[8, 9] The plaintiff in a defective design case must also prove causation and foreseeability. He must show that the unreasonably dangerous condition existed when the product was purchased, McLaughlin v. Sears, Roebuck & Co., 111 N.H. at 267, 281 A.2d at 588, and that the dangerous condition caused the injury. W. Prosser, The Law of Torts § 41 (4th ed. 1971). The plaintiff must further prove that the purpose and manner of his use of the product was foreseeable by the manufacturer. This requirement is predicated on the manufacturer's duty to design his product reasonably safely for the uses which he can foresee. Foreseeability of use, however, extends beyond the consumer's actual use of the product; for example, a failure to read or follow instructions for product use may not be fatal to the plaintiff's case if he can show that such failure was reasonably foreseeable. See generally Noel, Defective Products: Abnormal Use, Contributory Negligence, and Assumption of the Risk, 25 Vand. L. Rev. 93, 97-102 (1972).

[10] Inquiry into the dangerousness of a product requires a multifaceted balancing process involving evaluation of many conflicting factors. A court will rarely be able to say as a matter of law that a product has no social utility, or that the purpose or manner of its use that caused the injury was not foreseeable. See Phillips v. Ogle Aluminum Furniture Inc., 106 Cal.App.2d 650, 235 P.2d 857 (1951); Haberly v. Reardon Co., 319 S.W.2d 859 (Mo. 1958); Noel, supra at 96-105. The jury must decide whether the potentiality of harm is open and obvious. See Messick v. General Motors Corp., 460 F.2d 485 (5th Cir. 1972); Montgomery and Owen, S.C.L. Rev. at 830-32. Reasonableness, foreseeability, utility, and similar factors are questions of fact for jury determination. We now turn to defenses.

[11] The Restatement (Second) of Torts § 402A, Comment n (1965) states in part that:

[t]he form of contributory negligence which consists in voluntarily and unreasonably proceeding to encounter a known danger, and commonly passes under the name of assumption of the risk, is a defense under this Section as in other cases of strict liability. If the user or consumer discovers the defect and is aware of the danger, and nevertheless proceeds to make use of the product and is injured by it, he is barred from recovery. (Emphasis added.)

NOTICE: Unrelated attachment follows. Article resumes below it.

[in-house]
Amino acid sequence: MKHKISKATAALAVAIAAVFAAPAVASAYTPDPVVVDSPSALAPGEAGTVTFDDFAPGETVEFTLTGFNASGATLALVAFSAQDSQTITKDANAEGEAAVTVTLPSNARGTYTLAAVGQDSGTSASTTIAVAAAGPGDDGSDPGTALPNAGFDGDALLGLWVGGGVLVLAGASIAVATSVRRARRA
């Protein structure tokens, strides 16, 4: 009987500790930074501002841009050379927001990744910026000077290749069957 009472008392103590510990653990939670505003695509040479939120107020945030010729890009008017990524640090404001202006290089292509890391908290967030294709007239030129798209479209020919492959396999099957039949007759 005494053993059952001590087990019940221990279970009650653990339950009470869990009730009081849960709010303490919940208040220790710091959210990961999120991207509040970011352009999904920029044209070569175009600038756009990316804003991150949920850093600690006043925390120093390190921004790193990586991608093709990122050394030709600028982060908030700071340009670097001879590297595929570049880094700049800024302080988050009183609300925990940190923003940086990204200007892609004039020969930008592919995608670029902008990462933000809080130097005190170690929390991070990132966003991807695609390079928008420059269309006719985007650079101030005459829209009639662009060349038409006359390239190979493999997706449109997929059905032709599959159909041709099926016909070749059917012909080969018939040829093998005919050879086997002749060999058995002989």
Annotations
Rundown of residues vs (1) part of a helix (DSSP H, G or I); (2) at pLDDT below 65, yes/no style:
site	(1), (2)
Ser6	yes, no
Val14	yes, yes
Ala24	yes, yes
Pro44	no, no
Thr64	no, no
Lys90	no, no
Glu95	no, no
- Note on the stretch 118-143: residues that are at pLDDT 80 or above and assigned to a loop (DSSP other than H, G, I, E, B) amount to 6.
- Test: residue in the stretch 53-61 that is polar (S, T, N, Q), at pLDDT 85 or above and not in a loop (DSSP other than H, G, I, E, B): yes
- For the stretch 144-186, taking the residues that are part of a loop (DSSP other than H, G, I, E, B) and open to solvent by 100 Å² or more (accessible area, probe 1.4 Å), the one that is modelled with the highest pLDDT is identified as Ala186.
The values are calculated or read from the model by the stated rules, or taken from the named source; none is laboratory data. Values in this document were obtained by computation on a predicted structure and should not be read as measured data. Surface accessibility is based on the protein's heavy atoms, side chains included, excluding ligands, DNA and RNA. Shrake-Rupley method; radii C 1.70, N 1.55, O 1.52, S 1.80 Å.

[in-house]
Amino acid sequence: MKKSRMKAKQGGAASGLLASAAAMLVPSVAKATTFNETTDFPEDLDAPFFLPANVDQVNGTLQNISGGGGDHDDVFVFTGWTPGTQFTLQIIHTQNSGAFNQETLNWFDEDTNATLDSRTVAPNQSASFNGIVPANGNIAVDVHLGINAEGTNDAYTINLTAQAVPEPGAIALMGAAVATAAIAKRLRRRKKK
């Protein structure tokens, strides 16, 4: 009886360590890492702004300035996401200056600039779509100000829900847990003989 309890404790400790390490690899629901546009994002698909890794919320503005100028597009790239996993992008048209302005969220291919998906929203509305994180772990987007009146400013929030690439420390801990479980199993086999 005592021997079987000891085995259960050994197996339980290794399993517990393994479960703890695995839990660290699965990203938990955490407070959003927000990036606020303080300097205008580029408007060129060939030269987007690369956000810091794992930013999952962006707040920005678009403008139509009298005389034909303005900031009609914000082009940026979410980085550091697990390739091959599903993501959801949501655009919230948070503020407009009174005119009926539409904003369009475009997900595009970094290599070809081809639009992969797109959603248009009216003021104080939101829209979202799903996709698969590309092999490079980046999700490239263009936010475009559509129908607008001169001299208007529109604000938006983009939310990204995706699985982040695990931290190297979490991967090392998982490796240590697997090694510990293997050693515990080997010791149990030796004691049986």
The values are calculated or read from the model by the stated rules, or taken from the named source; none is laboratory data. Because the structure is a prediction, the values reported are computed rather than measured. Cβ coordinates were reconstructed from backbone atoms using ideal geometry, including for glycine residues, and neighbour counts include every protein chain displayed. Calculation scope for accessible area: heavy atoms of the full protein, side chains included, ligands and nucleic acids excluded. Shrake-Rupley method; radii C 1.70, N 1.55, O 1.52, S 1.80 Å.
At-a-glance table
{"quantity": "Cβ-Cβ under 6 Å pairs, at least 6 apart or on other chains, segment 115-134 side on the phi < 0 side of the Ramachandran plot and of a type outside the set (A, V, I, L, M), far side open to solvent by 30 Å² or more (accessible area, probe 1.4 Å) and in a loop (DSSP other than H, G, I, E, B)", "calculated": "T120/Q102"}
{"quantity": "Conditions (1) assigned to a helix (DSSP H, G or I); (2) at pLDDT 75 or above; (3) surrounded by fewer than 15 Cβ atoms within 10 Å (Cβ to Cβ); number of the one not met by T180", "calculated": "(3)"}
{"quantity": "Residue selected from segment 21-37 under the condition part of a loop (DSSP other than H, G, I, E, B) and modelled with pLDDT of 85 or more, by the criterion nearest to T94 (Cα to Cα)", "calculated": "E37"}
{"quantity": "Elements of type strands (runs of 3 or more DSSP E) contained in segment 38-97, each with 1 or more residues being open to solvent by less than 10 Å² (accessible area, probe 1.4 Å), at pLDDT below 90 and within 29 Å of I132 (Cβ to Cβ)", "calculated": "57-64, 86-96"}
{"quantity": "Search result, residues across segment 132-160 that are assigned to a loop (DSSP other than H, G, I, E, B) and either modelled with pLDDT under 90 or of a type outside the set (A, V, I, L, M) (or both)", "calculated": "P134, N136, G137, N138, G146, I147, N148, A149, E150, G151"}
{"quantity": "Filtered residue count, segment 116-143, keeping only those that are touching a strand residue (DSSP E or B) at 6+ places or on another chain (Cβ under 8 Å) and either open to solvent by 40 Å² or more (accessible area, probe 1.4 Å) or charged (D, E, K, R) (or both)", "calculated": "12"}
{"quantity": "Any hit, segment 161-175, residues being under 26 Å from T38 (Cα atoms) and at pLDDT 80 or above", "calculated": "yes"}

In Buttrick v. Lessard, 110 N.H. at 40, 260 A.2d at 114, this court pointed out that the phrase in comment n referring to "assumption of the risk" had led to "some confusion." We saw no difficulty in describing the defense of plaintiff's conduct in voluntarily and unreasonably proceeding to encounter a known danger as one of "contributory negligence" rather than the more commonly known phrase "assumption of the risk." The reason was that this court views "the doctrine of `assumption of the risk' ... with distaste...." Id.; see Cassidy, Strict Liability in New Hampshire, 18 N.H.B.J. 3, 15 (1976). "The problem is largely one of semantics." Buttrick, 110 N.H. at 40, 260 A.2d at 114. Of course, product misuse and abnormal uses are defenses to strict liability, McLaughlin v. Sears, Roebuck & Co., 111 N.H. 265, 268, 281 A.2d 587, 588 (1971); Stephan v. Sears, Roebuck & Co., 110 N.H. 248, 266 A.2d 855 (1970).

[12] After the Buttrick, Stephan and McLaughlin causes of action had arisen, the legislature passed a comparative negligence statute effective August 12, 1969. That statute requires a comparison of defendant's negligence with plaintiff's contributory negligence. Thus contributory negligence is no longer an absolute bar to a negligence action; a comparing process is now used by the jury. A plaintiff can recover if the jury does not find that his negligence was greater "than the causal negligence of the defendant." RSA 507:7-a (Supp. 1977) repealing RSA 507:8.

[13] Although this statute had no effect on the causes of action before the court in Buttrick, Stephan, and McLaughlin, comparative negligence has since been assumed to be applicable in strict liability cases in New Hampshire by federal courts. Stevens v. Kanematsu-Gosho Co. Inc., 494 F.2d 367 (1st Cir. 1974); Cyr v. B. Offen & Co., Inc., 501 F.2d 1145 (1st Cir. 1974); Hagenbuch v. Snap-On Tools Corp., 339 F.Supp. 676 (D.N.H. 1972). We now hold, however, that the comparative negligence statute, RSA 507:7-a, does not apply to strict liability cases because it is confined by its terms to actions for negligence. However, strict liability is a judicially created doctrine, to which the principle of comparative causation will be applied as hereinafter described.

We viewed the Restatement distinction between assumption of the risk and contributory negligence as merely "semantics" in Buttrick v. Lessard supra. These semantical distinctions, however, become extremely important when a trial judge attempts to convey concepts to a jury in his charge. The language and connotations of legal terms such as "negligence," when transferred from other types of cases, may lead to jury confusion in strict liability cases.